comScore NBC’s The Sound of Music Live! Was So Great That Fox Is Doing Grease

NBC’s The Sound of Music Live! Was So Great That Fox Is Doing Grease

The live television musical is now officially a thing again. On Monday, Fox announced a 3-hour live production of the classic musical Grease to air in 2015, following the ratings success of NBC’s The Sound of Music Live! last December. Casting decisions have not yet been revealed.

“From Broadway to film, and across generations, Grease is one of the most beloved musical stories ever told — and we can’t wait to bring it to our air in a spectacular live event,” Fox’s senior VP or event series Shana C. Waterman, said in a statement. “Its iconic characters and addictive songs make it the perfect fit for Fox, and we’re going to give it the kind of star power and production quality to make every Sandy, Danny, Rizzo and Kenickie out there want to get up and sing along.”

The live production of The Sound of Music Live!, starring Carrie Underwood in the role made famous on screen by Julie Andrews, brought in an astonishing 22 million viewers for NBC, the highest non-sports Thursday rating the network had seen since Friends and Fraiser aired their series finales in 2004. NBC already has a live production of Peter Pan in the works for this December.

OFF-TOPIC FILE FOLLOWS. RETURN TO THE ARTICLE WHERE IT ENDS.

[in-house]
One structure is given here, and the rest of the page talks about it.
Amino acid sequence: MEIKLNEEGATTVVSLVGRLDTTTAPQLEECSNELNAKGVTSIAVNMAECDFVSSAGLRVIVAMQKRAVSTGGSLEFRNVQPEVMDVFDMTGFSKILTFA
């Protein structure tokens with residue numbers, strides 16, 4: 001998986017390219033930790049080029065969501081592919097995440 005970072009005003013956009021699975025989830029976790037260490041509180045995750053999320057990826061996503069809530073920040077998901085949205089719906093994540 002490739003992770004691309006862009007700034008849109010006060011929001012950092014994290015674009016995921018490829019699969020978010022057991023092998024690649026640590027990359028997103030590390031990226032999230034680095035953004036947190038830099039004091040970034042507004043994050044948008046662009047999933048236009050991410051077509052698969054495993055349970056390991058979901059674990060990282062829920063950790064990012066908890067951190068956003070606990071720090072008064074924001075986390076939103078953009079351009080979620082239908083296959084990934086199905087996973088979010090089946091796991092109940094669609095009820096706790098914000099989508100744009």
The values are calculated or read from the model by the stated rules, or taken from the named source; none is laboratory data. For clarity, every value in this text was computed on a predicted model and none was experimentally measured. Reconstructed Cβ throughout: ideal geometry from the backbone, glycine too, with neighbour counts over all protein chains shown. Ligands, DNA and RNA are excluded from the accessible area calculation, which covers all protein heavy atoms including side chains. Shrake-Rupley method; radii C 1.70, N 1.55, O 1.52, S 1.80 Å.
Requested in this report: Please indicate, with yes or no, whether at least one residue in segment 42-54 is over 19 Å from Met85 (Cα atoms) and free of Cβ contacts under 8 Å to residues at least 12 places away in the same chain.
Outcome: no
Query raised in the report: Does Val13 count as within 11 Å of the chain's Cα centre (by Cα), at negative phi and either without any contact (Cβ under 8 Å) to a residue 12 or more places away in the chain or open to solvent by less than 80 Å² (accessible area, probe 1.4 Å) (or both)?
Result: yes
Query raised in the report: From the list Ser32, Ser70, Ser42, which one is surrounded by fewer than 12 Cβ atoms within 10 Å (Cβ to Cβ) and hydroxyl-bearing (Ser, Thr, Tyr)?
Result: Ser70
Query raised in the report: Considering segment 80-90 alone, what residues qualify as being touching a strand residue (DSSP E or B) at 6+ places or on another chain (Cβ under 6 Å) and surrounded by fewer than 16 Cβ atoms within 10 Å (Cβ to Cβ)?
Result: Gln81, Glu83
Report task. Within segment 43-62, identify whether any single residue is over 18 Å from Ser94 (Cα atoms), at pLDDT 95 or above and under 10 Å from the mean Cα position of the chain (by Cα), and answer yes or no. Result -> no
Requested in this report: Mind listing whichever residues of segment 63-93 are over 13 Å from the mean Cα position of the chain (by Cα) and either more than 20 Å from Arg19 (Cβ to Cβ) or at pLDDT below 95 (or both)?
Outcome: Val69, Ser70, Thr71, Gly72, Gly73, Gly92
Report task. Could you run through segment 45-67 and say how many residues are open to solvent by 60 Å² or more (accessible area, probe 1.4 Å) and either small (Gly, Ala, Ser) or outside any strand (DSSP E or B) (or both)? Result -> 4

Reviews, on the other hand, especially for Underwood’s acting, were not as enthusiastic. “Carrie Underwood played the singing governess in the live NBC performance of The Sound of Music on Thursday and seemed to be sleepwalking,” The New York Times’ Alessandra Stanley began her review.

“The strength of the songs and of her own vocal talents pulled her through when she was singing. It was the speaking that did her in,” USA Today’s Robert Bianco wrote. “The eyes went blank, the voice went flat, and Maria turned to wood.”

The Washington Post’s Hank Stuever was even more harsh, writing, “It’s impossible not to notice that she can’t act.”

Perhaps viewers will continue to tune in to these TV events to see whether further train wrecks can be avoided.

Here’s a reminder of what NBC’s production looked like, in case you missed it:

[Photo via screengrab]

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